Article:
The climate is calling.
I try and reconcile the family into one topography. It is still only a dream. Wrapped inside the throat, dry of sound. The archaeology of a myth that sat on its haunches outside a silkworm farm, a stone’s throw from Hiroshima. This story folds our fault lines in half.
It’s how the crow flies, Grandma tells me.
Grandma is a child unbound outside the burning of her country. Flash of light. Japan, a cinder, a match, in the water of our history.
She is dressed so that her lower half is hidden behind layers of silk, embroidered symbols of moonlight farms, the shadow of a mountain, its body like a rugged tongue against the flat of night.
On her top half she is bare, like an animal, small and lineless. Like fog just forming. A rib cage, the nape of her neck, her hair bound away from her face by her aunt’s loom of fingertips.
She refuses to submerge into the current of the clothing.
Her aunt forces her onto the ground, pushes her toward the waves settled at her waist. Calls her downward like the line of symbols Grandma writes to recreate memory. She claws at the weeds, sees a silkworm in the wild grass. Watches the small body inch toward her.
It begins to cover the space of her scent with the green of mulberry leaves.
Her aunt is persistent with arms that have the advantage of gravity,
Of spaces turned inside out by lifting and shuffling earth to fill fractures in the land.
Grandma looks up.
Sees the black teeth waiting for her in Hiroshima. A thick root of tobacco between her aunt’s lips.
Grandma hears the laughter of a woman, too much like a man, to be real. The grandmother who is a daughter, who is a mother, slips into the clothes and away from the earth.
This is not where the story begins, but in a boarding house in Woodland where her father plays cards to silence time passing. He sits on a crate from the farm where he has a small plot of rented land for vegetables. His voice sounds like the husking of corn and he smells of the new country, of a language that lays horizontally on the page. Inching along to fight space in place of light.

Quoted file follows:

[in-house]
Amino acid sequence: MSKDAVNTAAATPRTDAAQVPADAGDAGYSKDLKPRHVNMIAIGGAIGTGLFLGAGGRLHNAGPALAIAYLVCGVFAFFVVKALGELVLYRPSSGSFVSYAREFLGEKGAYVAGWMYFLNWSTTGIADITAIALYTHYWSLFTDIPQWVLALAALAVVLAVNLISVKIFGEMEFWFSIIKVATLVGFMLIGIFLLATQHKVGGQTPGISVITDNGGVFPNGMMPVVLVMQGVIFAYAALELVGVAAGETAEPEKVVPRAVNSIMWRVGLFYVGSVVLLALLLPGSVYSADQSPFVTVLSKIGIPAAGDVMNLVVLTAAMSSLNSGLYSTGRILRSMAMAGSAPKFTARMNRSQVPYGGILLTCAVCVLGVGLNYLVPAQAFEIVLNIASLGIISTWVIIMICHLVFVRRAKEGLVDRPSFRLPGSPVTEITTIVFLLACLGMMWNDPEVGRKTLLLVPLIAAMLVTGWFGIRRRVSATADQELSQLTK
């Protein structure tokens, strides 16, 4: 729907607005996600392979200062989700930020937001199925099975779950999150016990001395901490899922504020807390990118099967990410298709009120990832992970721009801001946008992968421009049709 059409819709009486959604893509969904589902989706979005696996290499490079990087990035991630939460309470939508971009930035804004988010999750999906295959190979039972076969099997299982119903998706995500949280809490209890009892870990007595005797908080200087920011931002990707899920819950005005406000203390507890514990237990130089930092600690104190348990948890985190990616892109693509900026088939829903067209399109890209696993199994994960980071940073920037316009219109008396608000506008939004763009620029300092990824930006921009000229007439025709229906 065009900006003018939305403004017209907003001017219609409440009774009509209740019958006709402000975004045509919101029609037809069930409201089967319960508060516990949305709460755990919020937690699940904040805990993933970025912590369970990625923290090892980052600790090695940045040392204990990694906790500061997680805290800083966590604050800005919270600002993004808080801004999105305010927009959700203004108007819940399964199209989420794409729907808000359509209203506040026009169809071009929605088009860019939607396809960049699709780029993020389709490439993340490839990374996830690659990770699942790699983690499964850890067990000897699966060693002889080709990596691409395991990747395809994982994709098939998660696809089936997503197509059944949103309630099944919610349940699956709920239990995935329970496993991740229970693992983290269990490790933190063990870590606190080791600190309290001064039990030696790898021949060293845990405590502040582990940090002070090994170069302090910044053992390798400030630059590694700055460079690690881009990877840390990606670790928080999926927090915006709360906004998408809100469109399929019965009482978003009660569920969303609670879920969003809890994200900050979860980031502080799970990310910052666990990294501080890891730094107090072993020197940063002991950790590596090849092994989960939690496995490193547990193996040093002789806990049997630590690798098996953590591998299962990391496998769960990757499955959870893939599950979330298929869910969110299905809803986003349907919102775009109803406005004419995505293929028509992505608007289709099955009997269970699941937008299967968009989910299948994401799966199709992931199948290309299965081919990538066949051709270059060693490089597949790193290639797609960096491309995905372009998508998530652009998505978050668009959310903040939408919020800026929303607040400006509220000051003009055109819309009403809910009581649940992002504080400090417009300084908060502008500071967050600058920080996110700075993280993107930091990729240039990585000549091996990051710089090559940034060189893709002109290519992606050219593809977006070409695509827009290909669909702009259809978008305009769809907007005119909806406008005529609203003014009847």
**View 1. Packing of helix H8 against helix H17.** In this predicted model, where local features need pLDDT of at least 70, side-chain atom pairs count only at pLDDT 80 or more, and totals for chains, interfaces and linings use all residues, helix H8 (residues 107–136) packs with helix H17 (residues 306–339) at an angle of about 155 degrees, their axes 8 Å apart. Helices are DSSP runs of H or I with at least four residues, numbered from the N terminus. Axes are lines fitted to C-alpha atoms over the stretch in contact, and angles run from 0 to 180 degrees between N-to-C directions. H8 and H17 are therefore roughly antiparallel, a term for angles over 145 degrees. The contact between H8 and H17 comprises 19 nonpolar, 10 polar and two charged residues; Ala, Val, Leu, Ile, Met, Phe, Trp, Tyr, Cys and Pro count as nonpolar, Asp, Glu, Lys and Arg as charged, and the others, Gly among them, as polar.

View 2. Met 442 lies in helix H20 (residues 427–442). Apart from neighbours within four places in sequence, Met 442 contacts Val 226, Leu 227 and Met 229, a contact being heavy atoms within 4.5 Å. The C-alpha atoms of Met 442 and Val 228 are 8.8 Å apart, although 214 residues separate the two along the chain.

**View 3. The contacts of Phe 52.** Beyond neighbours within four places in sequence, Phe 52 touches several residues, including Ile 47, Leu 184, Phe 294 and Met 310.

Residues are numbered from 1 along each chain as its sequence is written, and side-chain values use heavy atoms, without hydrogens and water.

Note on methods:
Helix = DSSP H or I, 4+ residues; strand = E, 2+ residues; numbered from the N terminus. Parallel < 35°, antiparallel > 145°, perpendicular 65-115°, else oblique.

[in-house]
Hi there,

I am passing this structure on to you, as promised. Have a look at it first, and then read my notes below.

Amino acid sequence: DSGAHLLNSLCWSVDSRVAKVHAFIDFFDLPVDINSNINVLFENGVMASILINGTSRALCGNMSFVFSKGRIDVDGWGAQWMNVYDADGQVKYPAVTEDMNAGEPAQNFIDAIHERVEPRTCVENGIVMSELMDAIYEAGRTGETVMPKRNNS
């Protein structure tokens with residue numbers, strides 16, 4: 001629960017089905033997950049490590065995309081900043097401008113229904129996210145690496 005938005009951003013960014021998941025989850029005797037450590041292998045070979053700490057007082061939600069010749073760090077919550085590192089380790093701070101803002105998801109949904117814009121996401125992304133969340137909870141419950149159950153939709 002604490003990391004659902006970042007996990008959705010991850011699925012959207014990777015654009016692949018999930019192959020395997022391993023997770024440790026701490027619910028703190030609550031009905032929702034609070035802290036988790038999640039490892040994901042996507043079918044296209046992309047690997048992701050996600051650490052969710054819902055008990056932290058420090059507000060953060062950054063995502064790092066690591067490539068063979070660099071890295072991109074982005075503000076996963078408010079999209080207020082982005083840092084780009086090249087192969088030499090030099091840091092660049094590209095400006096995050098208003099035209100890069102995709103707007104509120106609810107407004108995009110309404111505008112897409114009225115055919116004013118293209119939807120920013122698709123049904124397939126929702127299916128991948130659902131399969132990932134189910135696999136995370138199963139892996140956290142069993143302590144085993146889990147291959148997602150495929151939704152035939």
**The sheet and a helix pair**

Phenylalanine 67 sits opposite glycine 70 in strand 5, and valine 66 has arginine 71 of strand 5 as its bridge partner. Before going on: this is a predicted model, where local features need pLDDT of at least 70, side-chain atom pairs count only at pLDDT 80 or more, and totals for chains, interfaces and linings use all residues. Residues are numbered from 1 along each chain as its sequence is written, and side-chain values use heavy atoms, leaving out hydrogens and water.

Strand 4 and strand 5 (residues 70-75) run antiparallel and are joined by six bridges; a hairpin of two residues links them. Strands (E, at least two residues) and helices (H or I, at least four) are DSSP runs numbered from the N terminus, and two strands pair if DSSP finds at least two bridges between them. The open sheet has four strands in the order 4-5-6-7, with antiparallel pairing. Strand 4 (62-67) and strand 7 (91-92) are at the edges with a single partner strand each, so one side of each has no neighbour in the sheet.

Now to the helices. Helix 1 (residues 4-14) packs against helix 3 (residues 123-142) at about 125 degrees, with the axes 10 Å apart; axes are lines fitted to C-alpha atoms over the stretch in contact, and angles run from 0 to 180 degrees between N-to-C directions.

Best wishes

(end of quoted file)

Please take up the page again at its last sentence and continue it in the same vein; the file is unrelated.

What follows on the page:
Her father beats his hands against the tops of his thighs as the cigarette ash sifts heat onto his laps. He turns to look at the open door the boarding house. The father sees his daughter attempt to pull herself from the ground outside Hiroshima. He thinks he sees her teeth turn black. The father remembers a story he was told in the early morning of his birth. A chill unravels through his body.
To break the dream, he takes his cigarette and throws it towards the girl. The daughter.
Sweat-lined, she moves closer to the blood on the floor. There are no knives tonight, or memories of drowning in fire.
She is remembering things again.
The station, the room, the chair in the corner, the ticket, the name, the number, the small bead of blood that dripped from her nose onto the paper.
She signed her name with violence.